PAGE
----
It is likely that the bacteria contamination is from a number of non-point sources in the watershed. The Kiefer Creek watershed has septic systems, horses, lots of wildlife and domesticated pets, as well as an increasing area of impervious surfaces that could be delivering significant bacteria loads directly to the creek without sufficient natural filtration. 

Water quality is directly connected to the composition of the watershed. In the Kiefer Creek Watershed bacteria and chloride are delivered from the watershed area into the stream by storm water runoff. Because of this connection is it very important to study water quality in terms of watershed composition, non-point source loading, and storm water runoff. To do this we have begun studying the correlation between rainfall, flow, and bacteria levels using available data from the USGS, MDNR, and MSD.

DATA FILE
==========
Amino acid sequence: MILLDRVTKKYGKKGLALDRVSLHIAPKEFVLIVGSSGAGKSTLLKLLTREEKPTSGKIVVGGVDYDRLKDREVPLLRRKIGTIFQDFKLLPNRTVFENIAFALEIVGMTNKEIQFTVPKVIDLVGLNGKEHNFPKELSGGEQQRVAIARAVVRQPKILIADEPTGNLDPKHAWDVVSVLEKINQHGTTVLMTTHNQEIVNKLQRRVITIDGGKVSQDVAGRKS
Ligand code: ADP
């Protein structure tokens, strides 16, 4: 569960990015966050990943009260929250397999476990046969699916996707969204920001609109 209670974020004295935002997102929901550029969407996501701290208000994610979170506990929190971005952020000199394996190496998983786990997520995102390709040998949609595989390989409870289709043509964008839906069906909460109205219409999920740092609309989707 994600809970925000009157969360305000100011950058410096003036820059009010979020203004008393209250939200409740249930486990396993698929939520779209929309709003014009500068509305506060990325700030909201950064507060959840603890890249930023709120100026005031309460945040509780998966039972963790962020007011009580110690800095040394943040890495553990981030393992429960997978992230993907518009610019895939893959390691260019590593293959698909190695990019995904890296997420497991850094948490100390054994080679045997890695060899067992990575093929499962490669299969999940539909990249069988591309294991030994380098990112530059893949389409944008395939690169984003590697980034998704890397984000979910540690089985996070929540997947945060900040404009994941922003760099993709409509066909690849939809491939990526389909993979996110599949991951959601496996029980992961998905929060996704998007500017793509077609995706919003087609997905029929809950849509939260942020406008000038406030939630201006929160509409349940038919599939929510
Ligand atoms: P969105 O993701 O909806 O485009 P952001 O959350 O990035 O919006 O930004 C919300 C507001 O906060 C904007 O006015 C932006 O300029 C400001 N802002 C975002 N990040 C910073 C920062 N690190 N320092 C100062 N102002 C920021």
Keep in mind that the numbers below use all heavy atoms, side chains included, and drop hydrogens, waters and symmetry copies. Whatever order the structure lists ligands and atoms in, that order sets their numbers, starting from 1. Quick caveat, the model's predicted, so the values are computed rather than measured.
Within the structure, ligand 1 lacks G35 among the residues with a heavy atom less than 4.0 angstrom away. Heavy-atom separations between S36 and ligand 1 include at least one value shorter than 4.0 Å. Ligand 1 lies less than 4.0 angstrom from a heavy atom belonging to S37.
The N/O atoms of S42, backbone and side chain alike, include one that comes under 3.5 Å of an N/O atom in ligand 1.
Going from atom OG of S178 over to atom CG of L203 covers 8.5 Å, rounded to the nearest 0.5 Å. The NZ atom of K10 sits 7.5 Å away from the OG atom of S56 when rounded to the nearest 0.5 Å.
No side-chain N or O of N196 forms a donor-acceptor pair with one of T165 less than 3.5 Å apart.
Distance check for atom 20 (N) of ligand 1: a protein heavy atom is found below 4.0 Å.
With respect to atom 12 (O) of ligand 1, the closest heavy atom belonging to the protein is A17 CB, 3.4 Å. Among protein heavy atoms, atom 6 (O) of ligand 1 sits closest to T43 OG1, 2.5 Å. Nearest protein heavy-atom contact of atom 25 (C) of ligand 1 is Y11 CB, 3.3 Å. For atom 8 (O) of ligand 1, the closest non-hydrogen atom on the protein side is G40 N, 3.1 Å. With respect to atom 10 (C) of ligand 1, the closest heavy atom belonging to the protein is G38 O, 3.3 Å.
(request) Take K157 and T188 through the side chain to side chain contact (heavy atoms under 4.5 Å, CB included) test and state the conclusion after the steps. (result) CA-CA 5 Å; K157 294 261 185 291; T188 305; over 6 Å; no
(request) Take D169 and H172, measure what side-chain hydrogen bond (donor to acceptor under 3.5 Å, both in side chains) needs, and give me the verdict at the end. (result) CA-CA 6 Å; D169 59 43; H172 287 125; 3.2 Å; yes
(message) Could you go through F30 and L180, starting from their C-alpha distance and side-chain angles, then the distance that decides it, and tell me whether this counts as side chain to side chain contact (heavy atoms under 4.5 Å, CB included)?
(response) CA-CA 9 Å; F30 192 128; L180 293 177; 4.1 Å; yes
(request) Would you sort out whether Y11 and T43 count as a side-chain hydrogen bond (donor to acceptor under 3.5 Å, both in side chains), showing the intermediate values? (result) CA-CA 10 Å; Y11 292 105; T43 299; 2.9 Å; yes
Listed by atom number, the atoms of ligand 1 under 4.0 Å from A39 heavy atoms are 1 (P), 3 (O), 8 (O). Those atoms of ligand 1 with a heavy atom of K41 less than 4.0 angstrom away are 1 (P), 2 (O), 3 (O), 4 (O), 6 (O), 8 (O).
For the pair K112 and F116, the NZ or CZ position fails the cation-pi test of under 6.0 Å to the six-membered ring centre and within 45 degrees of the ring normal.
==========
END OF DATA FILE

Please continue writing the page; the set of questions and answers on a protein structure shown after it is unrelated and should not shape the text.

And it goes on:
Bacteria and flow


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Castlewood Village: A Vacation Destination for St. Louis

In the early 20th century, clubs and vacation homes were developed along the Meramec River. The Missouri Pacific Railroad brought hot city dwellers to cool down in the river, and Castlewood Village kept them entertained with hotels, clubs, bathhouses and more. Much of the development occurred over the limestone bluffs north of the Meramec and the railroad tracks. The seclusion of these bluffs attracted visitors, and during prohibition there was a robust drinking and gambling culture away from the eyes of the authorities. Mobsters even used the area as a hide-out when they needed to drop off the map.